IWH noted that the importance of regulators in the field can’t be overstated. In Ontario alone, 350 Ministry of Labour inspectors conduct about 80,000 field visits every year, resulting in 140,000 orders. They determined that all orders were important because they serve to make more workplaces safer. No company wants to be seen in a negative light when it comes to workplace safety or anything else, so they do tend to respond to an order.

Is Social Media Part of the Workplace?

Wednesday, September 7th, 2016

social mediaWhile many seemed to not notice, a recent Ontario labour arbitration award involving the Toronto Transit Commission (TTC) should be raising concerns because it essentially considers social media to be part of an employee’s “workplace” when it comes to promises by an employer to protect workers from discrimination and harassment.

The issue involved some posts from customers and the public on the TTC Twitter account.  TTC had set up the account in February 2012 as a way to  respond to passengers’ questions and concerns by way of tweets. Because of this, the TTC  Twitter account to included exchanges between the company and the public and included public responses by TTC to customer complaints about alleged behaviour by its workers while on duty. Because of this, in April 2013, the union representing TTC workers filed a grievance against the TTC seeking a shutdown of the TTC Twitter account.

According to evidence presented during the arbitration hearing, as of late January 2015, the TTC Twitter account had around 16,000 followers and had posted more than 82,000 tweets, about 1,500 of which the union found problematic, in that they seemed to either breach workers’ privacy or affected their safety in the workplace.

According to the arbitrator, a combination of factors, including the Ontario Human Rights Code (HRC), the Ontario Occupational Health and Safety Act (OHSA) as well as portions of the relevant collective agreement, all TTC workers are entitled to a workplace free from discrimination and harassment. Because of the nature of the Twitter account, the arbitrator ruled that the account could be considered “part of the workplace for purposes of determining whether the HRC, the [collective] agreement, and TTC policies [were] contravened as a result of harassment.”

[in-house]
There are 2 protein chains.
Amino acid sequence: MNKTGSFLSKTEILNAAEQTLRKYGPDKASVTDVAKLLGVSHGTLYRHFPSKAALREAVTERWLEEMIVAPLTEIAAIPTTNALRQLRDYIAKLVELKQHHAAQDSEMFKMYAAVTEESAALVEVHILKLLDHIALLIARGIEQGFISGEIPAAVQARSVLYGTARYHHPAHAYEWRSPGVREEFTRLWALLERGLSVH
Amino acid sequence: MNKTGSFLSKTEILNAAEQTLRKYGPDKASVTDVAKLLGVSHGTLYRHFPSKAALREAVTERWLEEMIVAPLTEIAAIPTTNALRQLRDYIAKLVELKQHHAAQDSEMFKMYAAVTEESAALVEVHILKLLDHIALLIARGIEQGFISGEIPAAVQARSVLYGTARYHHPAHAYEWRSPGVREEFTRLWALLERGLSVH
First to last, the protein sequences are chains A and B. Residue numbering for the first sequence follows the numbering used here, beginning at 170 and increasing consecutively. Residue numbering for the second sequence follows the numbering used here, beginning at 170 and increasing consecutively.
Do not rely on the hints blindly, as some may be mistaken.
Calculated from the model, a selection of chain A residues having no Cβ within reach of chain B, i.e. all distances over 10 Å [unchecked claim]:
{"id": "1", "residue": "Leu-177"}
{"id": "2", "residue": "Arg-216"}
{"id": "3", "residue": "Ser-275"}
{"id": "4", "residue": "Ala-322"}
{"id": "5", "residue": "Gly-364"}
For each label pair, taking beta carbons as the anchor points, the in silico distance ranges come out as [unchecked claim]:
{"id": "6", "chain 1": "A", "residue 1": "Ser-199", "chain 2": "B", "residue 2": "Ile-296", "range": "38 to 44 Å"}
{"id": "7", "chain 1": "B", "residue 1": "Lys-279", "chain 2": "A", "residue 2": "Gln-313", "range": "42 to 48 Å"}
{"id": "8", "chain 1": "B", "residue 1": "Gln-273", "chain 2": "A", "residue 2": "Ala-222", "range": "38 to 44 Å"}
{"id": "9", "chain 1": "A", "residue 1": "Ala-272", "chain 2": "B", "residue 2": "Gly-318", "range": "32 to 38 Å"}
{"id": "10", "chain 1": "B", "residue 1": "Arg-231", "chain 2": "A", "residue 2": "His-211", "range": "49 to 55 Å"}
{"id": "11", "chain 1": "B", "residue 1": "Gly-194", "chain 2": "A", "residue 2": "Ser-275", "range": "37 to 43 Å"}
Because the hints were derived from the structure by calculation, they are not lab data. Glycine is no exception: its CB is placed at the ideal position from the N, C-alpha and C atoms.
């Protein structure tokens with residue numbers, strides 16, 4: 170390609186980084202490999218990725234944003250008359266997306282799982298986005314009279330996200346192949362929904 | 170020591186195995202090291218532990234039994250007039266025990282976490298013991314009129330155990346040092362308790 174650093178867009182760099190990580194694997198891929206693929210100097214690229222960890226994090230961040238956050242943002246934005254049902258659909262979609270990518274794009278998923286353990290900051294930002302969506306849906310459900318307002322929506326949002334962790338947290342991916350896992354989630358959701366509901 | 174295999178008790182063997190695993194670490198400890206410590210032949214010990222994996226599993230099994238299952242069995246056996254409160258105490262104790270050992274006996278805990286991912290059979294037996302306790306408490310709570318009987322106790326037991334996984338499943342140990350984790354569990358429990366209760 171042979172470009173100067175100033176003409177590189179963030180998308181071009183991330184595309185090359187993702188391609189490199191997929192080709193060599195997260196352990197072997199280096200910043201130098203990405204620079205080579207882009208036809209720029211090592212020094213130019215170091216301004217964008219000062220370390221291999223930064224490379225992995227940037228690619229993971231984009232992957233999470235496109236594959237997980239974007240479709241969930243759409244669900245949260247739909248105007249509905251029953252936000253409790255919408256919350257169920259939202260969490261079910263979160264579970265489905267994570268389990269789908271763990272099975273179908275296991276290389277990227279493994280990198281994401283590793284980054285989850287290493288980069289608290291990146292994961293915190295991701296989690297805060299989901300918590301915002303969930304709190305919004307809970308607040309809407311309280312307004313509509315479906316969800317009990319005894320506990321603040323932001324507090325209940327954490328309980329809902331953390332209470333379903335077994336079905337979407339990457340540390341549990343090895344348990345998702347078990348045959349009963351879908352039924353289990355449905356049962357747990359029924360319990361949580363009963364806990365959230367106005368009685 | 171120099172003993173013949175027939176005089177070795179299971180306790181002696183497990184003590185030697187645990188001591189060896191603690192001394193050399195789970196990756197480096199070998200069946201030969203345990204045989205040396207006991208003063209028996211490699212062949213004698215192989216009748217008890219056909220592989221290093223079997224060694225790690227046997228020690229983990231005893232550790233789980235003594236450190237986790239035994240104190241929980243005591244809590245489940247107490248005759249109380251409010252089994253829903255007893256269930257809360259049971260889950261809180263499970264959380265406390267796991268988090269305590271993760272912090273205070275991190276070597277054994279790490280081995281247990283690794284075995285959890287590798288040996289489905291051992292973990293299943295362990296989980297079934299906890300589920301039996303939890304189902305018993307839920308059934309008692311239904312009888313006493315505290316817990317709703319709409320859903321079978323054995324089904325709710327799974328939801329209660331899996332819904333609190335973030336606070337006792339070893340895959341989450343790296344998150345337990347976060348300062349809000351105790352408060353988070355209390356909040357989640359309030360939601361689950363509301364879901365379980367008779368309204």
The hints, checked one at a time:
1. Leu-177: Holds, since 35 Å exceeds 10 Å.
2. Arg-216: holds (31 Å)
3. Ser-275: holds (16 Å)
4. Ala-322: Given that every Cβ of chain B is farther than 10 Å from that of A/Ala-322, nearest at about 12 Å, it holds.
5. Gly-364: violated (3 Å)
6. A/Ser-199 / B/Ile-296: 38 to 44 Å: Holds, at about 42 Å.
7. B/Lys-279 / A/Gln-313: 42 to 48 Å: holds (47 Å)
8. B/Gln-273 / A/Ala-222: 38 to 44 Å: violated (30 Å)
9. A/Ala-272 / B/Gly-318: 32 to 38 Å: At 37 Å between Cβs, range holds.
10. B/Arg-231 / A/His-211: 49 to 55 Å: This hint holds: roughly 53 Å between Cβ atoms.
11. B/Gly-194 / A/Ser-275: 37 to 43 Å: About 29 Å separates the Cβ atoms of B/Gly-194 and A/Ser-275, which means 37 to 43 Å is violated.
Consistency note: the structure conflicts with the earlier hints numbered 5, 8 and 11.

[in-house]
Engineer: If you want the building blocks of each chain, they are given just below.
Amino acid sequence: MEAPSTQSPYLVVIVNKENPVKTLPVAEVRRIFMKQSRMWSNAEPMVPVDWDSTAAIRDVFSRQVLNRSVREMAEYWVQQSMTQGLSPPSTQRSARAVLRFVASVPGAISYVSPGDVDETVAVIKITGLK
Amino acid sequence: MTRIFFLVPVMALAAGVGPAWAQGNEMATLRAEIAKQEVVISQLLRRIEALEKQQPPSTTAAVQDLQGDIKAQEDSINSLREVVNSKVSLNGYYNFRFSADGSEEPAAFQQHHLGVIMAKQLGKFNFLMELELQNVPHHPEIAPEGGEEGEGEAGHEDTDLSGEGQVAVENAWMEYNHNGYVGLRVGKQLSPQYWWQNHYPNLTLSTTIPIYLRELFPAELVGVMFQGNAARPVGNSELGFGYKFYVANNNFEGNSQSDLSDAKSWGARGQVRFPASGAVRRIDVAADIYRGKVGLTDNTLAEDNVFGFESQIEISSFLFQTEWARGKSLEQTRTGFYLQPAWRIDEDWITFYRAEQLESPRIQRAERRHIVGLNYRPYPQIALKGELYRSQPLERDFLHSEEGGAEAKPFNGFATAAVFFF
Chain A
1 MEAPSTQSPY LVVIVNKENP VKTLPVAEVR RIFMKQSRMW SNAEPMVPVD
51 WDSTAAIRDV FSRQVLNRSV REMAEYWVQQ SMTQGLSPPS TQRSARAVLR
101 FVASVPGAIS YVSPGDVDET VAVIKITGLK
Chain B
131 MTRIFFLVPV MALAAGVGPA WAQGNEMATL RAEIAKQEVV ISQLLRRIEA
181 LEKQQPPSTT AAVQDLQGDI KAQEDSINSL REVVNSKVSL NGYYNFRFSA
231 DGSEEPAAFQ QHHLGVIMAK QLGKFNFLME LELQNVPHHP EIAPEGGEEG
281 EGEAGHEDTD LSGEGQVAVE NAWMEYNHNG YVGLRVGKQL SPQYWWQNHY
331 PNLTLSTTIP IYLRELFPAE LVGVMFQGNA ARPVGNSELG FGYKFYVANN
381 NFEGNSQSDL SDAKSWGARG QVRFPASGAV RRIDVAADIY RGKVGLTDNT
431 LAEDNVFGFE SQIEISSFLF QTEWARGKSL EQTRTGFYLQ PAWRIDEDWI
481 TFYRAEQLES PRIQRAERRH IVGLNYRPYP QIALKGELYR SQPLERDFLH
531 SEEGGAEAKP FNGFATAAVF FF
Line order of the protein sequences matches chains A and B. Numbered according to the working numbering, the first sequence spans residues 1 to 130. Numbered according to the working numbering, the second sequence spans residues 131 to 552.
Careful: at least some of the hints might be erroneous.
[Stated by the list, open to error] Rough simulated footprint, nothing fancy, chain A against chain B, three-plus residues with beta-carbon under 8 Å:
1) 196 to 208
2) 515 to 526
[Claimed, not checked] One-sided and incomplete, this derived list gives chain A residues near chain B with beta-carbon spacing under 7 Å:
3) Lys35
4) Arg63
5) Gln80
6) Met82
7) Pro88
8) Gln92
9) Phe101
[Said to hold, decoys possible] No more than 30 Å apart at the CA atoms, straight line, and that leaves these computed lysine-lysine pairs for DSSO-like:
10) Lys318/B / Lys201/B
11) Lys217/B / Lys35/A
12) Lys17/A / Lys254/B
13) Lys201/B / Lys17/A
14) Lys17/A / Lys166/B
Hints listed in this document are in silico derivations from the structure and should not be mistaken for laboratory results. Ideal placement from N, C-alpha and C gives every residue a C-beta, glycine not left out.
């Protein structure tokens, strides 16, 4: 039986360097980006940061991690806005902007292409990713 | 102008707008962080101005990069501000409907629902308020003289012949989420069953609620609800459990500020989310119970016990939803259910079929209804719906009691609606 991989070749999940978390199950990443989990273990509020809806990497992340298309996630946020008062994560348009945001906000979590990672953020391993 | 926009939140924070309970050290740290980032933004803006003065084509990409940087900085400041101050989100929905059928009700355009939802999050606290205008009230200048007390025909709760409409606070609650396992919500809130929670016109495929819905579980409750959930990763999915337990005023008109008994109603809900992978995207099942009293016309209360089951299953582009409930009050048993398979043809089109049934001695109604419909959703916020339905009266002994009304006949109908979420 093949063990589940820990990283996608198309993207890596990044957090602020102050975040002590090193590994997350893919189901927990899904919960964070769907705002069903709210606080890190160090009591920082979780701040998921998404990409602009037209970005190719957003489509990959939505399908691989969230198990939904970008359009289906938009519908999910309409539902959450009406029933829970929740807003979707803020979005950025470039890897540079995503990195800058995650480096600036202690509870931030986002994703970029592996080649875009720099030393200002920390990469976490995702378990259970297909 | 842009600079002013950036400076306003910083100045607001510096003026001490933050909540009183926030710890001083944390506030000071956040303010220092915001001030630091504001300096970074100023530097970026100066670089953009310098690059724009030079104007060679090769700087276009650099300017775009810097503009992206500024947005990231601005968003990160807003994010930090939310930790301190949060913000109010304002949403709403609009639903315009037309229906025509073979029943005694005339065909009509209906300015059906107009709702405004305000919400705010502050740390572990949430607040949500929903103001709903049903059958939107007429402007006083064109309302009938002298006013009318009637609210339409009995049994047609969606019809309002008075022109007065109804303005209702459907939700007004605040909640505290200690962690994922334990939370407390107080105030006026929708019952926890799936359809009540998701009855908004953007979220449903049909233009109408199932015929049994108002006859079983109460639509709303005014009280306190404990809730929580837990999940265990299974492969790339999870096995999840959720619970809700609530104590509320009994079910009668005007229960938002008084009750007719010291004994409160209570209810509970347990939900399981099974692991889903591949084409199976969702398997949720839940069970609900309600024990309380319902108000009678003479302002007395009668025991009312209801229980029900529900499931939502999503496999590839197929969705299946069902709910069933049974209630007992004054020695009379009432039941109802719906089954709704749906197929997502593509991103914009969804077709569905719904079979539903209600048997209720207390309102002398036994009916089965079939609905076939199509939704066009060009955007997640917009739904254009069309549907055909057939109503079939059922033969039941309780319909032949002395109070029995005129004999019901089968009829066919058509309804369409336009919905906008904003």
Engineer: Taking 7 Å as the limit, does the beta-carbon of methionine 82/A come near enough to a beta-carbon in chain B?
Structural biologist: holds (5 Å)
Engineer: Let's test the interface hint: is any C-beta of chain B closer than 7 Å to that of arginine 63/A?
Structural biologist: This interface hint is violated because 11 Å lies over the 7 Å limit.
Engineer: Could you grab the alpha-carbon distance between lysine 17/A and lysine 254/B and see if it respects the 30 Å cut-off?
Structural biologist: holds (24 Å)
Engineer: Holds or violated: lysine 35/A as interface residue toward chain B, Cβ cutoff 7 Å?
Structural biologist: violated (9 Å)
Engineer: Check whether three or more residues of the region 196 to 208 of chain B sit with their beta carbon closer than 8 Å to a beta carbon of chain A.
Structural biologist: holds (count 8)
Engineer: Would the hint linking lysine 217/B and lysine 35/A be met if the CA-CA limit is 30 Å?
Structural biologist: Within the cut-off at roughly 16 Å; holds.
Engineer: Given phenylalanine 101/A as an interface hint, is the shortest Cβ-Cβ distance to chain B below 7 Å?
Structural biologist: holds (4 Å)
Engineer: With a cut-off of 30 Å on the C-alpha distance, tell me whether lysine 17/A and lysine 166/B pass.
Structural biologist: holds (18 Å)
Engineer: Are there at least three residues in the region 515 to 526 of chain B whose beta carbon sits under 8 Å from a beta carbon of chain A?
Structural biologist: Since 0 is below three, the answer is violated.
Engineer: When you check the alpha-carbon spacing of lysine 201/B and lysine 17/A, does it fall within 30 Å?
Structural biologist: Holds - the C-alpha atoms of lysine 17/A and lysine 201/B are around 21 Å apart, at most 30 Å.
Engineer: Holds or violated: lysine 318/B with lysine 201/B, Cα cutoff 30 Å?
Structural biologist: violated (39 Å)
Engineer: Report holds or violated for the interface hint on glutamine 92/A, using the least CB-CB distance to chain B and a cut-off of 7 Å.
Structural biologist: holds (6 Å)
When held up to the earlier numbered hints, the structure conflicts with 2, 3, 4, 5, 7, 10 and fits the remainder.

What that means is, employers who attempt to use social media accounts to connect with customers or the public at large should consider that social media platform to be part of the workplace, which means all workplace regulations will apply. That means the development of social media policies that are consistent and which the company and workers must all follow, for the safety of everyone.

Agency Stresses B.C. Road Safety

Thursday, September 1st, 2016

OSHA Investigating Pennsylvania Road Worker DeathWorkSafeBC’s Industry and Labour Services Transportation team is working hard to let everyone know that they are always trying to make the roads safer, and it seems to be working out well. Through their creation of several campaigns, such as the Road Safety at Work initiative and their Shift into Winter and Cone Zone campaigns, they can point to workplace injury rates are currently at historic lows. Just as importantly, they note that there is a greater awareness of road worker safety issues throughout the province than ever before, as well as greater awareness and practice of safe driving behaviours. When more people drive safely, road workers aren’t the only people who benefit; everyone does.

However, they realize there is still a lot more work to do. While the numbers are better than they used to be, during the ten-year period between 2006 and 2015 in British Columbia, a total of 14 roadside workers were killed and another 226 were injured and missed time from work due to being hit by a vehicle while working in a Cone Zone. WorkSafeBC realizes that those numbers have to drop until they are at zero.

They are working on other safety issues, as well. For example, they are also focused on efforts to reduce the number of injuries and fatalities from falls in the trucking industry by working with employers to increase safety awareness for truck drivers in every aspect of the job. For example, a current campaign is focused on the importance of maintaining three points of contact when entering or exiting the vehicle because that prevents fall injuries at one of the most dangerous parts of the workday for a trucker.

New OHS Rules in Ontario

Tuesday, August 30th, 2016

WarningAs many are aware, Bill 132, which amends the Ontario Occupational Health and Safety Act (OHSA) to redefine workplace harassment, became law on March 8, 2016, which means it is due to take effect very soon. In fact, Ontario employers should be aware that Sept. 8, 2016, is the day when they will have a lot more to deal with when it comes to making the workplace a safe space.

Bill 132 broadens the definition of workplace harassment to specifically include sexual harassment, but there is a lot more to it than that. The new law also requires that all employers implement policies and programs dealing with workplace harassment and that they investigate all incidents thoroughly.